To: JDBM  Developer listserv
Subject: re: [Jdbm-developer] page locking, row  locking.


I think that working with pages in the dbcache  may prove to not be the way to go...  Nothing about the way that people  actually use jdbm has to do with pages - they all deal directly with rows (or  objects reconstructed from those rows).  I think that trying to manage  locking at the page level creates an artificial barrier, when we can go  directly to the row level and work there...
I'm actually quite partial to Alex's idea of  ditching the page cache altogether and use the dbcache for managing individual  rows...  As rows are evicted from dbcache, the underlying page manager  can do whatever it wants to with them (i.e. write rows in place, write them to  a new page, optimize, etc...).
There would still be a need for a page cache in  the underlying page manager, but this would be mostly for  read optimization purposes only - not transaction management (in other  words, the dbCache would operate transactionally at a level above the  page manager, so the page manager would not need to do any transaction  handling itself - rollback or transaction failure would be managed entirely at  the row level in the dbCache).
If we go down that path, then we have a very big  question to ask about the Isolation requirement of ACID...
If we strictly enforce isolation, then we must,  by definition, create an object per transaction (which will require one copy  of each row per transaction, plus the 'current' copy).  The  alternative is to ditch isolation in favor of application level consistency  semantics (e.g. synchronization at the object level to ensure that  simultaneous changes can not force an object into an invalid  state).
At the current time, I don't see a good way  around this tradeoff - maybe there is one I'm just not thinking  of...
For what it's worth, the documented dbCache  design does allow for multiple copies of a given page to exist in  memory.  The safe itself would only contain one version of the page - the  'current' version.  Basically, you have to be able to reconstruct the  state of the cache, with all transactions rolled back, by restoring from the  safe.
- K

I've been  doing some modeling and some prototyping in order to understand
the  DBCache design a little bit better.  DBCache used page locking  and
therefore never had more than one image of a page in the cache.   This means
that: (a) the pageId was a unique key for the cache  -- and we need a unique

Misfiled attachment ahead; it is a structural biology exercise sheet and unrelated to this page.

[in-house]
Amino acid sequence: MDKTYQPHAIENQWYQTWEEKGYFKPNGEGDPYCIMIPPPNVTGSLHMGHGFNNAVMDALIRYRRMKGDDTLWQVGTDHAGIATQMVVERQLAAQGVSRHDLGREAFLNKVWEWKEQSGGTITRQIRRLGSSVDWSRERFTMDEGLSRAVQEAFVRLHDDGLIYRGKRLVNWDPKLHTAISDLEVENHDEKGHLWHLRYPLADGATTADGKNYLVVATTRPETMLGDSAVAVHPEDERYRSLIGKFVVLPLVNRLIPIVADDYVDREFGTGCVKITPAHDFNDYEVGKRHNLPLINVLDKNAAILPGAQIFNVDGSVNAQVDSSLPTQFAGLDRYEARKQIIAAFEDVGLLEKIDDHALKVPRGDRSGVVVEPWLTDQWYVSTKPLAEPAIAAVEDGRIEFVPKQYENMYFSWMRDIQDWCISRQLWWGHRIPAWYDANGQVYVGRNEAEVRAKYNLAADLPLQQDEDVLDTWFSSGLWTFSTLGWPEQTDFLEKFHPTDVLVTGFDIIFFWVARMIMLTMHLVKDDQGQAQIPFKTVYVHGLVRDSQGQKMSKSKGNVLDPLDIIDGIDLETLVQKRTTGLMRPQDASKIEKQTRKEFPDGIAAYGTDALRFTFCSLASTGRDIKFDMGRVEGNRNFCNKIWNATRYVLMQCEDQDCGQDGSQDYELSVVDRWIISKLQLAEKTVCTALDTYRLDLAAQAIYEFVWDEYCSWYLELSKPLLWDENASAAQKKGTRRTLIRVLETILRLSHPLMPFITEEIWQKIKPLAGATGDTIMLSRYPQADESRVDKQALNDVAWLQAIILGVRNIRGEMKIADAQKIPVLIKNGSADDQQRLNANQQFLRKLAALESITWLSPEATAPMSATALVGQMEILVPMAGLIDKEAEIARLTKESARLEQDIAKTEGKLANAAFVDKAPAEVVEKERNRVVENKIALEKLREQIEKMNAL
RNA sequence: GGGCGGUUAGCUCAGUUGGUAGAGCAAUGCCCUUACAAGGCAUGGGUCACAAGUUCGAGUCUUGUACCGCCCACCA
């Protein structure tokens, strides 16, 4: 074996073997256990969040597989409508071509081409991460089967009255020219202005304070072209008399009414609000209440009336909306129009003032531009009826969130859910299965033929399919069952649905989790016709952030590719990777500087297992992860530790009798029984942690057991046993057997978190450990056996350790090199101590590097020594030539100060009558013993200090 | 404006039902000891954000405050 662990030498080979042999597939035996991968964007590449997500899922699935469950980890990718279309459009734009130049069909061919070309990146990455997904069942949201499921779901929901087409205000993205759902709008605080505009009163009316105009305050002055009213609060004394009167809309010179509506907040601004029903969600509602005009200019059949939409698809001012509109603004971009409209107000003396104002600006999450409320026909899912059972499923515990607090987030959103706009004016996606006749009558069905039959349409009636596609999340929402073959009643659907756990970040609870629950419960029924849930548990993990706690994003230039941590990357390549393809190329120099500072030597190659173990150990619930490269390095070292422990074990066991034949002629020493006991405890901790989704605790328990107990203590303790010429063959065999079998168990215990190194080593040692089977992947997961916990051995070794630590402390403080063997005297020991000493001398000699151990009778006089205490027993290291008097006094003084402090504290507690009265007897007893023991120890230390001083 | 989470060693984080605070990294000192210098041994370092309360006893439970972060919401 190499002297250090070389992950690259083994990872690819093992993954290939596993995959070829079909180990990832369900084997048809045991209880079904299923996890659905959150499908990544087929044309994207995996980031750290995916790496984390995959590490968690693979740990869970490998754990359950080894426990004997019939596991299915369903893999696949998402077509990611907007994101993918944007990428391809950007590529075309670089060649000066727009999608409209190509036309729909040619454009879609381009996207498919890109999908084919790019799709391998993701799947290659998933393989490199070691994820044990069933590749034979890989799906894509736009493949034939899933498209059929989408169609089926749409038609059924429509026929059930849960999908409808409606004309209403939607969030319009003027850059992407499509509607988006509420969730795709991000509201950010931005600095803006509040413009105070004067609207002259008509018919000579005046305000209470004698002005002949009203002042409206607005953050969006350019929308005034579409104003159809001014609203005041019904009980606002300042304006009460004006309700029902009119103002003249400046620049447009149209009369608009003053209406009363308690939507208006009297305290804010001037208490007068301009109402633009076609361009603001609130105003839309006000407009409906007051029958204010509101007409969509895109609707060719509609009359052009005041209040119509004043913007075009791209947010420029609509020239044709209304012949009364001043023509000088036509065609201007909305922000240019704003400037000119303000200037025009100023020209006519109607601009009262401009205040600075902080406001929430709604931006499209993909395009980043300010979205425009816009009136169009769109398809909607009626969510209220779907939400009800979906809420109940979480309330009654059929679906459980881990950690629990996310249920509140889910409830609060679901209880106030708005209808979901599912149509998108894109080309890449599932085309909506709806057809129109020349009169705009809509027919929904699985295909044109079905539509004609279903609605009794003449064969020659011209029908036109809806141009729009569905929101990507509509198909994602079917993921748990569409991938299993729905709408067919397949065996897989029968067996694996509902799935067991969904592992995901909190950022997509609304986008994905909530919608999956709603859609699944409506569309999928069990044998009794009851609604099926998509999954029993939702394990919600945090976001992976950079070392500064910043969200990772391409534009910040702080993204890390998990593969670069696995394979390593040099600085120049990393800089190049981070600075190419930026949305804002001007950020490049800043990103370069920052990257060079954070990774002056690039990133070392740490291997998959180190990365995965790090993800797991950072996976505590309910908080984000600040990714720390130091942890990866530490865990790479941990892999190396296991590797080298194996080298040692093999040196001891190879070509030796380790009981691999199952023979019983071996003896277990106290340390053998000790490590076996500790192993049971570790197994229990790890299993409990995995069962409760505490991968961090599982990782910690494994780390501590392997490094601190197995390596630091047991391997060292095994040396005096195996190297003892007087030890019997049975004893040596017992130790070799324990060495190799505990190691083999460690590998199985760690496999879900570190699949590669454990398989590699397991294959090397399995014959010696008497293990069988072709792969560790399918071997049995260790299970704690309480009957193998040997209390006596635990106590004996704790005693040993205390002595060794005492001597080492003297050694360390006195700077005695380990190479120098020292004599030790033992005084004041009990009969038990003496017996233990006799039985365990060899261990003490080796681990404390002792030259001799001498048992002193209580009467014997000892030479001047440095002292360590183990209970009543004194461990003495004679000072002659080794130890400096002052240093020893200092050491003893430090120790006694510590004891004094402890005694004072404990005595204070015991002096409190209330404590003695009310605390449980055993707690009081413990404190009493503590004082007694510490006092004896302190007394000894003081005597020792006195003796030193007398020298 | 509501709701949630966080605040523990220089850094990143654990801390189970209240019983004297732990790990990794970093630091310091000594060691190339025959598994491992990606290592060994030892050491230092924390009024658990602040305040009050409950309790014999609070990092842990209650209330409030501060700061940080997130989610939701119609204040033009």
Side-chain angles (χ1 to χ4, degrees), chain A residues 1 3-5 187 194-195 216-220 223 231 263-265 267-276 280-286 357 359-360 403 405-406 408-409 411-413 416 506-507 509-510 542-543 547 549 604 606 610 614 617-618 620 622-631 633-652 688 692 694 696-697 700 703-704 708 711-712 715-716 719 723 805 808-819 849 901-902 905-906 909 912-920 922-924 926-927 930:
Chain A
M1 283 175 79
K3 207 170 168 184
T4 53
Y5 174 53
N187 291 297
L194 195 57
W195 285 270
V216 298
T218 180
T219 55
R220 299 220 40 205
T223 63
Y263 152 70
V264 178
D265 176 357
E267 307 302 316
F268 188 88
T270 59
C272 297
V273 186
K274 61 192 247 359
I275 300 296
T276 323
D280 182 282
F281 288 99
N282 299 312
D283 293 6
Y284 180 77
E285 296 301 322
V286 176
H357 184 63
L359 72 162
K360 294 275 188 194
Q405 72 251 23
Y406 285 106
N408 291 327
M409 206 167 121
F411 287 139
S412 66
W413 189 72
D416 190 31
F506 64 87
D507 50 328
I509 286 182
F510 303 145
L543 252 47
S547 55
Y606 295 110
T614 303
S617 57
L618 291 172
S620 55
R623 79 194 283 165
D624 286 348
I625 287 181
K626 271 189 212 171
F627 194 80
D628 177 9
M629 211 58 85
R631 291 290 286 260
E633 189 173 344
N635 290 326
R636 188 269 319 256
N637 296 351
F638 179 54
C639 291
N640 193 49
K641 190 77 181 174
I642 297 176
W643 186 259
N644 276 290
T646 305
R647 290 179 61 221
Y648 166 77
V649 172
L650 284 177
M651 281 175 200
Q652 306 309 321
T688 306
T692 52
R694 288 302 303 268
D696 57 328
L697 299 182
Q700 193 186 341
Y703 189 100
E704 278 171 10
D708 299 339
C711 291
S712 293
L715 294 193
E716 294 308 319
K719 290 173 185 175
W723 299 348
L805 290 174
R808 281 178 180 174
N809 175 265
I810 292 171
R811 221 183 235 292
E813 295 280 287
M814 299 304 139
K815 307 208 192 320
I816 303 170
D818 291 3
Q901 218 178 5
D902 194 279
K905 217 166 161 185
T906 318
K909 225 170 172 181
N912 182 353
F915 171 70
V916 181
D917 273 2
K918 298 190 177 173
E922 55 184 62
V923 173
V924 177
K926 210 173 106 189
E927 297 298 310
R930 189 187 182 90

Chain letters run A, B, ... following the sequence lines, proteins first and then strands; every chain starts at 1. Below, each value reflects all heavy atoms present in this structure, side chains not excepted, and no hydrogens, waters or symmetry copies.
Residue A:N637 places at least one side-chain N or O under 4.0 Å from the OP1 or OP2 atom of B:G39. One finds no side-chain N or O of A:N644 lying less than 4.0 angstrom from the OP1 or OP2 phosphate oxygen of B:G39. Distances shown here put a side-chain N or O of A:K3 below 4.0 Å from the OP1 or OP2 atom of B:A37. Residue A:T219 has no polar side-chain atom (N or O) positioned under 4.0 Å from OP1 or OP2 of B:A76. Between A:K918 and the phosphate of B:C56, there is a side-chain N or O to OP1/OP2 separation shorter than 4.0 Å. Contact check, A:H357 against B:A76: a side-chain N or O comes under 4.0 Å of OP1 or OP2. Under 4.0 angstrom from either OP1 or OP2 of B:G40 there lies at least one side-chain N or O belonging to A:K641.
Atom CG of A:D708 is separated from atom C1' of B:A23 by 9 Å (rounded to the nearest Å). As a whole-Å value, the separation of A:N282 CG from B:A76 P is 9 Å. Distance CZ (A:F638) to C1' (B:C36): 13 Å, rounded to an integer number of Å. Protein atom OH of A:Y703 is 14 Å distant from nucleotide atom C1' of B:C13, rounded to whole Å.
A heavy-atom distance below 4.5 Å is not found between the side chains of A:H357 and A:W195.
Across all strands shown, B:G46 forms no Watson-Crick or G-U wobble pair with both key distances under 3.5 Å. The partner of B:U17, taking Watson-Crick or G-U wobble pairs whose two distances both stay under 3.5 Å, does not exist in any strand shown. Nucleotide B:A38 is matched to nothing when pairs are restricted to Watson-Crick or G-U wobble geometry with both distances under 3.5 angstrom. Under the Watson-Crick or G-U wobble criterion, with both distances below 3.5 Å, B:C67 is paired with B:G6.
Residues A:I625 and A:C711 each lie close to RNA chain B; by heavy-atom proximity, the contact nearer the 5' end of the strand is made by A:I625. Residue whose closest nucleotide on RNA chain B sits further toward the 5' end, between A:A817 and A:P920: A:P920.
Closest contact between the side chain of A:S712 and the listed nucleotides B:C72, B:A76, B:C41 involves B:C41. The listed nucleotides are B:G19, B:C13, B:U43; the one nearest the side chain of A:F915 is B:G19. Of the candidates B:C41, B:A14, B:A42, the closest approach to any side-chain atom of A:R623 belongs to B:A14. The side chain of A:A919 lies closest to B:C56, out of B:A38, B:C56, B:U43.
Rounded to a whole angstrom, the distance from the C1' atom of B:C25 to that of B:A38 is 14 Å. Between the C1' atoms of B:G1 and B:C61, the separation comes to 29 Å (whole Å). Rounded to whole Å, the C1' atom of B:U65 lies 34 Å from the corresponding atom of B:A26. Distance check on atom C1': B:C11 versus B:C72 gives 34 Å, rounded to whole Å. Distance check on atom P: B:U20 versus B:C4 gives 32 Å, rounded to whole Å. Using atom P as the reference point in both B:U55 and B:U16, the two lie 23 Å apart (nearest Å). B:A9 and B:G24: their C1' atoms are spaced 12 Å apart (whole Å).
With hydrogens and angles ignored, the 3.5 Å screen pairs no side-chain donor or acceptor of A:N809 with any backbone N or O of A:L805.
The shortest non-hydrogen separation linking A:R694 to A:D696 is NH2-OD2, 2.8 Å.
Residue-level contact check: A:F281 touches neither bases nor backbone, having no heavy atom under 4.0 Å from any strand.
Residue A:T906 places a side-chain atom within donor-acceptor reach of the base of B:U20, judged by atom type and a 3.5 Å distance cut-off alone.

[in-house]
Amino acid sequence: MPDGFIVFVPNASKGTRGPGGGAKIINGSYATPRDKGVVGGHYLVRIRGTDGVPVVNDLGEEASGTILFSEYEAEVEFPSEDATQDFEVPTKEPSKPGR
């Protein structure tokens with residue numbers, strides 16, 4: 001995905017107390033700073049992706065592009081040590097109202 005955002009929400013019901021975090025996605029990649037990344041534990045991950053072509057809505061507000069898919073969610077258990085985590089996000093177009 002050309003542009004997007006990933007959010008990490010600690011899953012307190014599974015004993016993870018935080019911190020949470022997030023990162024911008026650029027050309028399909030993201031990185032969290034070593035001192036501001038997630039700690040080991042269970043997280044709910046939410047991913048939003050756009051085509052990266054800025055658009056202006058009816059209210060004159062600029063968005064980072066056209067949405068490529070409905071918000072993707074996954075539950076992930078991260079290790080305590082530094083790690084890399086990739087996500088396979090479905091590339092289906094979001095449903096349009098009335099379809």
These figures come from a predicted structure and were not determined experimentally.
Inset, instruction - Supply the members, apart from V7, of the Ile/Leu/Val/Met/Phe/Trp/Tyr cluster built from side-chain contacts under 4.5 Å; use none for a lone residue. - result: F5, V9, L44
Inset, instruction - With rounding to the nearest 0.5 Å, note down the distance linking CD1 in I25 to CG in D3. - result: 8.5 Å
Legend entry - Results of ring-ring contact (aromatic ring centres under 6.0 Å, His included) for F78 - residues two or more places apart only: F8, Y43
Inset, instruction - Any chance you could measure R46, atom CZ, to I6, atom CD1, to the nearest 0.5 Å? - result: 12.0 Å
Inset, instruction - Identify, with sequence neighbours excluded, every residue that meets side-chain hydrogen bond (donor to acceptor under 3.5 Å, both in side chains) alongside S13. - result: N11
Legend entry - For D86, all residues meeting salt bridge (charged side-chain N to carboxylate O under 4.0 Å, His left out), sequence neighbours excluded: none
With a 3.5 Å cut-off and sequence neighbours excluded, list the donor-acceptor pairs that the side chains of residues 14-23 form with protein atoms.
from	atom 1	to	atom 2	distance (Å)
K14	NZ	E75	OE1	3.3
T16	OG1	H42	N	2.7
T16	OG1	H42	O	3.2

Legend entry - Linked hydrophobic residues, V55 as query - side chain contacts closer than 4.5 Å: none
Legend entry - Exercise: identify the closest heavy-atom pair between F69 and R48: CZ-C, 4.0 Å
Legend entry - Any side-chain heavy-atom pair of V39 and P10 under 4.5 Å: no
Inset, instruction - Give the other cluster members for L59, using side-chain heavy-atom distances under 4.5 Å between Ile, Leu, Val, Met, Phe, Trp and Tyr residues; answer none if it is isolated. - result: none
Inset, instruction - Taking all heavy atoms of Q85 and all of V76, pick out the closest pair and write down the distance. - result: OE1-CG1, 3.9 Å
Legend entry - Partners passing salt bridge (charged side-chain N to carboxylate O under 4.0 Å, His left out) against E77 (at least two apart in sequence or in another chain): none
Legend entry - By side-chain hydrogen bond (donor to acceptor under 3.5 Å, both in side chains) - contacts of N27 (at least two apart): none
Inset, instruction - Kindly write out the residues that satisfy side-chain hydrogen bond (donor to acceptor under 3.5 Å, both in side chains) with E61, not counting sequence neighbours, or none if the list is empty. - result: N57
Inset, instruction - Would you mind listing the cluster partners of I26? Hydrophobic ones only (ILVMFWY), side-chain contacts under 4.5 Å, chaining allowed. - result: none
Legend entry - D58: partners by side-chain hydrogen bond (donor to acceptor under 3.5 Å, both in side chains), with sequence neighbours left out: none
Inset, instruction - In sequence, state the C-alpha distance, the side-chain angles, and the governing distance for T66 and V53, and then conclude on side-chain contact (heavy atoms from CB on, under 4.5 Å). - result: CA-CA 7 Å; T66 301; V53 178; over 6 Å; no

key in order to support an MRU for the cache;  and (b) an original image of a
page was no longer available once a  transaction had written on that page --
even if the transaction has  not committed yet.

Imagine that we have two transactions, one of  which is read only.  Here is
one possible serialization of  events:

Tx1 begins (readOnly).

Tx1 reads the state of  page12.

Tx2 begins.

Tx2 updates page10 (copy on write  converts an original of page10 into a

Tx1 reads page10  and is aborted since page10 is not an original.

Tx2  commits.

This shows how a transaction which starts earlier can be  aborted by an
updated on a page which it has not read yet.  Some  stores allow this and
expose the original state of the store to  transactions which have begun
before the writer commits.  This  could be done by maintaining the original
image of page10 during the  copy-on-write.  Any transaction wanting to read
page10 can still  do so until Tx2 commits.  I am not clear on the effect of
Tx2  committing.  Does it result in Tx1 seeing the version of page10  from
when Tx1 started or the updated version of page10 which was  committed by Tx2
-- presumably the latter.

I think that we  might want to create or research such serializations of
events in  multiple transactions in order to make some decisions about  the
polices we want to support for jdbm.  Those cases can be  readily captured as
unit tests for validation.

I have also  been thinking about strategies to support row locking.   My
inclination is to expose the page image as an nio ByteByffer  wrapping the
byte[].  This makes it possible to expose an  immutable view of the data.  It
also makes it possible to expose  only a region of the image for a page.  In
the context of jdbm,  and with some additional state for row locks on the
page, this could  be used to request only the region of a page corresponding
to a  physical row.  This would effect a read (or write) lock on that  part of
the page.  Since a physical row can span more than one  page in jdbm, row
locking in DBCache would be in terms of an offset  and length on a page
image, so jdbm would create a row lock on the  appropriate region of each
page that was spanned by the physical  record.

I've done a little thinking about the data structure for  maintaining such
row locks.  I am inclined to start out with an  insertion sort on the offset
into the page and a constraint test  during the insert to verify that the
offset + range is less than the  offset of next row lock on the page.

It seems to me that both  allowing page reads of originals which have been
written on by  uncommitted transactions and allowing row locking will require
that  we allow up to 2C page images into the cache, where C is the  capacity
of the safe.  DBCache as published only permitted a  single image for a page
into the  cache.